Is Academia Like a Drug Gang?

In Freakonomics, Dubner and Levitt wrote about how working for a drug gang is like working for McDonald’s. On LSE’s Impact of Social Sciences blog, Alexandre Afonso writes about how the academic labor market also resembles a drug gang:

Academic systems rely on the existence of a supply of “outsiders” ready to forgo wages and employment security in exchange for the prospect of uncertain security, prestige, freedom and reasonably high salaries that tenured positions entail….The academic job market is structured in many respects like a drug gang, with an expanding mass of outsiders and a shrinking core  of insiders. Even if the probability that you might get shot in academia is relatively small (unless you mark student papers very harshly), one can observe similar dynamics. 

Afonso tracks employment trends in the academic labor market and explains the “insider-outsider” divide: like a drug gang, academia is a place where there are eager outsiders willing to forgo other employment opportunities to become an “insider” — a tenured professor. This creates a dual labor market:

On the one hand, there are relatively good conditions at the bottom at the PhD level, and opportunities have expanded recently because of massive investments in research programs and doctoral schools generating a mass of new very competitive PhDs. On the other hand, there are good jobs at the top, where full professors are comparatively well paid and have a great deal of autonomy. The problem is that there is nothing in the middle: for people who just received their PhD, there is just a big hole, in which they have to face a period of limbo in fixed-term contracts (wissenschaftliche Mitarbeiter) or substitute professor (Vertretungsprofessur) for a number of years, after which they can hope to get their first permanent job in their mid-40s, while this could happen in their mid-30s in the 1970s.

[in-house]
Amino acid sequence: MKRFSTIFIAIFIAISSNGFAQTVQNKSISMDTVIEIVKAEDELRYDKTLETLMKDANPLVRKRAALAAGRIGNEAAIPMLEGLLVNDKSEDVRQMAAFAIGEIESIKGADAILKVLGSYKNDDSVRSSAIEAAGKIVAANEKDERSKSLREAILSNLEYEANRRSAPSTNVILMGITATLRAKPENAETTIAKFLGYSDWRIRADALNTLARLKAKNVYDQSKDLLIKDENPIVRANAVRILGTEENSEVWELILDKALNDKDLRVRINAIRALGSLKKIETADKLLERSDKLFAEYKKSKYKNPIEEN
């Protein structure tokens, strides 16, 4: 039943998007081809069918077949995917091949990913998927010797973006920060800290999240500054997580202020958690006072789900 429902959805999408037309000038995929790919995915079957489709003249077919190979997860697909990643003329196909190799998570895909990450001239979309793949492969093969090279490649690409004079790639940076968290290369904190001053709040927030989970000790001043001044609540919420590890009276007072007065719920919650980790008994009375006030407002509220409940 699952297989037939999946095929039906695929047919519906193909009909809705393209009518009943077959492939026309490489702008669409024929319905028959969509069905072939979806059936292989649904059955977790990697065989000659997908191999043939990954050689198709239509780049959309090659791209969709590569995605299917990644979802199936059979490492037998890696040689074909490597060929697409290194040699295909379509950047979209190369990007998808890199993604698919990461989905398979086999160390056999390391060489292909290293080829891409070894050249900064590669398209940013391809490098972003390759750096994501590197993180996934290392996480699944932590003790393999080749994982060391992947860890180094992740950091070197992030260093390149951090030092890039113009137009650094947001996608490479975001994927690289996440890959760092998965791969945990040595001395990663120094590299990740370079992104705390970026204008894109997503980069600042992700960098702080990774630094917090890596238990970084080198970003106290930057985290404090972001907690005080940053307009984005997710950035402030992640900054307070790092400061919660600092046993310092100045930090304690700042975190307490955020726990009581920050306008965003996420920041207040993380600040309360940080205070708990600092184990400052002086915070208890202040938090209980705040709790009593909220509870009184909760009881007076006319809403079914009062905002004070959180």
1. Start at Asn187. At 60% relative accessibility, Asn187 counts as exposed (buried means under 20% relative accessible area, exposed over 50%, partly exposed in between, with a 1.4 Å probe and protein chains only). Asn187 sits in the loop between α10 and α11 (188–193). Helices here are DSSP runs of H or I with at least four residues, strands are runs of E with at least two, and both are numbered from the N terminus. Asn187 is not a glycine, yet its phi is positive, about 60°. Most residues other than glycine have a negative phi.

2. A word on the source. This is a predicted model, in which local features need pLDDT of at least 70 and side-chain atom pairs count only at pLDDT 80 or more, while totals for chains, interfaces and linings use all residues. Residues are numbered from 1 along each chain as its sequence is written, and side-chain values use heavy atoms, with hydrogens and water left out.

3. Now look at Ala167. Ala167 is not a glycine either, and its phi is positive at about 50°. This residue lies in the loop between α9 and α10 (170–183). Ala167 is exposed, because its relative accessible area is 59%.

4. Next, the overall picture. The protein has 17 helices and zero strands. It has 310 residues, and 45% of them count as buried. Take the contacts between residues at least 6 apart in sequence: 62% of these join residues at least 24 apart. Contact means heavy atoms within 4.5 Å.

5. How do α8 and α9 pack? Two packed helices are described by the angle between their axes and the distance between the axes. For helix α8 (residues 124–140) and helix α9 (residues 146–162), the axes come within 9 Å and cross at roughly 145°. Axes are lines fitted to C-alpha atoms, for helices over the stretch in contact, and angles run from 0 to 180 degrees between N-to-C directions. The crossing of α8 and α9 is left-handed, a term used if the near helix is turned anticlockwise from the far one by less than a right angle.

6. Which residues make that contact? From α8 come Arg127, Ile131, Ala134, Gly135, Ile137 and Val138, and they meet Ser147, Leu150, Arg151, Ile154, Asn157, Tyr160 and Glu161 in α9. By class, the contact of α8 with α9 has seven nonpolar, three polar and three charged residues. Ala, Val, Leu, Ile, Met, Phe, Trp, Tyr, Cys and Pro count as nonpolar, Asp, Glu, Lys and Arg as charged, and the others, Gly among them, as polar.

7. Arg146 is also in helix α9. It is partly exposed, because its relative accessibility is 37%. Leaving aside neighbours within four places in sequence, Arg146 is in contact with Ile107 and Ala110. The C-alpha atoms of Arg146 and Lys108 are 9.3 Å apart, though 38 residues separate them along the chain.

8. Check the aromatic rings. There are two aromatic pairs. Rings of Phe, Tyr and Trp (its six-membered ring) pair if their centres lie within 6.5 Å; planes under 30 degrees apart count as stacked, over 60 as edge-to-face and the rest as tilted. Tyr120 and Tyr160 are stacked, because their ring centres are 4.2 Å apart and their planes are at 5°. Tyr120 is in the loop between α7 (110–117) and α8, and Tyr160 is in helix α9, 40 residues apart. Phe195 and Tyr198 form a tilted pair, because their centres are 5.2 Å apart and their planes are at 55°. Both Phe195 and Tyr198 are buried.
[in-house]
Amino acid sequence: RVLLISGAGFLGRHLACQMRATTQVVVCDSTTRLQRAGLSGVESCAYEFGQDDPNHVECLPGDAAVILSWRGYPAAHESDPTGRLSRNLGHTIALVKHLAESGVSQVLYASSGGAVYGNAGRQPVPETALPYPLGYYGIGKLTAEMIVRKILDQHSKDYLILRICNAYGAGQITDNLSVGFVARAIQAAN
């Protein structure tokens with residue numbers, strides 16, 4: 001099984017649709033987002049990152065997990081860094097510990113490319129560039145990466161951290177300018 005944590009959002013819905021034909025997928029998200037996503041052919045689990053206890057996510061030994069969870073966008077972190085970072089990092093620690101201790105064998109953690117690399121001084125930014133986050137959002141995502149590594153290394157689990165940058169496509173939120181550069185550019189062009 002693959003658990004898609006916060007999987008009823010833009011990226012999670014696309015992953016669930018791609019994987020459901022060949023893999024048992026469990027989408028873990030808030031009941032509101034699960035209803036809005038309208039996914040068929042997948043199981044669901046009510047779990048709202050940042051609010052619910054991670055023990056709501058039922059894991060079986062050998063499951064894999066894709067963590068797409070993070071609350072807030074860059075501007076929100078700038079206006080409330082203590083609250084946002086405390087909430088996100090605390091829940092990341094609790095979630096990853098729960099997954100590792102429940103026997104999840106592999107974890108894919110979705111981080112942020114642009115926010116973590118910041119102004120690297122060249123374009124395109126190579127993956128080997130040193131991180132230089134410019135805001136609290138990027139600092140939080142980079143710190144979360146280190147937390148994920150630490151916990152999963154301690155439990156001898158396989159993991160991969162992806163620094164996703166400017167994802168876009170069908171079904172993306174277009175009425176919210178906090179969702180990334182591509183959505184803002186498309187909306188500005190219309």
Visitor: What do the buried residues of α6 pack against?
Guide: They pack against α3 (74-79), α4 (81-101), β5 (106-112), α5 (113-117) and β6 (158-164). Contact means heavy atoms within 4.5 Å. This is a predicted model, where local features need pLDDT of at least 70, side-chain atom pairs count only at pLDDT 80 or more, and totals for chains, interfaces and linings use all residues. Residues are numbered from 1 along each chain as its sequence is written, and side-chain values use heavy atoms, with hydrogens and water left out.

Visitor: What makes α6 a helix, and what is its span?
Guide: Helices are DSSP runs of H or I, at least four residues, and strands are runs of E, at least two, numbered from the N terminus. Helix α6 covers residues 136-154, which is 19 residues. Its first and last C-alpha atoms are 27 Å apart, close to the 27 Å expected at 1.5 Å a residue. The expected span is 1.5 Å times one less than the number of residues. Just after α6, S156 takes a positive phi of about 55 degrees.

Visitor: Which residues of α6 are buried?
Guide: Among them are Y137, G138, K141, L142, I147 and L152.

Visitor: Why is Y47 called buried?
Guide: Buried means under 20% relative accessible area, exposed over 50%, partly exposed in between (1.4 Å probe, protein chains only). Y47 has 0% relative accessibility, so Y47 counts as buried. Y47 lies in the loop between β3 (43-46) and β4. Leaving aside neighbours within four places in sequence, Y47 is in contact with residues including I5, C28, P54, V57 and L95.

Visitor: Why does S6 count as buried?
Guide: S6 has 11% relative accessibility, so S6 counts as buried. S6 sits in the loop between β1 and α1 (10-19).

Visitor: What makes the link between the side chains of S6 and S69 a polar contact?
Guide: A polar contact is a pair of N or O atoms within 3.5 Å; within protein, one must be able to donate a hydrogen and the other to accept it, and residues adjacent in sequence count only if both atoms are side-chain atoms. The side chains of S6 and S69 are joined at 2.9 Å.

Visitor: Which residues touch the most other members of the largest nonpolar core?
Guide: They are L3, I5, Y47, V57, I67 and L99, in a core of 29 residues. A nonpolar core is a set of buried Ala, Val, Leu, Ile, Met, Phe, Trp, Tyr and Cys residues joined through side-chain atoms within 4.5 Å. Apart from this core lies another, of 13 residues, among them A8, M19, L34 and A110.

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  1. Scott Harmon says:

    I did not read the referenced articles so this may be obvious, but how is academia different than other forms of pseudo-closed partnerships/clubs (i.e., not open to liquid, competitive markets)? Law firms and private equity firms are two that spring to mind, as are guilds like plumbers or electricians where labor laws inhibit competition.

    Also, what explains the apparent shift in academia towards, dare I say it, more inequality between the have’s and the have nots? Why is more power concentrating at the top?

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    • Voice of Reason says:

      I think that with jobs (lawyers, plumbers) the barrier to entry are presented right as you get into the line of work. But with professorships, they seem great at first, but afterall awhile, you see the glass ceiling. But then, if you break the glass ceiling, you’re golden. At law firms, getting through a good law school is hard, passing the bar is hard, and getting a great job is hard. But once you do that, you guarantee yourself handsome compensation the rest of your career (it just might not be very fulfilling work).

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    • Mike says:

      It’s much easier for a lawyer to start his own firm than for a Ph.D. holder to start his own university.

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      • Voice of Reason says:

        Right, but hanging your own shingle out of college doesn’t really lead to a desirable career, and it’s not something that a blue chip recruit would do. Ideally, they would work for a white shoe firm, or at least a competitive big city firm, get experience, and then if they figured that partnership wasn’t for them, they could hang their own shingle with years of experience and legitimacy under their belt.

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    • Emily says:

      The difference is that with a law degree or a high finance degree, you may not get into the inner-circle decision-making club for a long time, but you can have a full-time, secure job somewhere in pyramid. With higher education, 90% (statistic estimated for emphasis) of the work force are part time or contract based. Adjunct professors can teach for indefinitely without any hope of a pay raise and no security about whether they have a job the next semester, because they have to reapply every semester or year. No one gets “fired” from being an adjunct, they just don’t renew your contract and in many places, you may not know for sure whether your contract is renewed or not until mere days before the term starts.

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  2. bob says:

    Totally not backed by evidence, but my intuition tells me one of the institutions that has proven most resistant to the expanding middle class is academia and higher education. More students in schools doesn’t mean more opportunity. It just means more outsiders under crushing debt while the insiders get to live more comfortably than ever. We need higher education for the middle class, not for academics.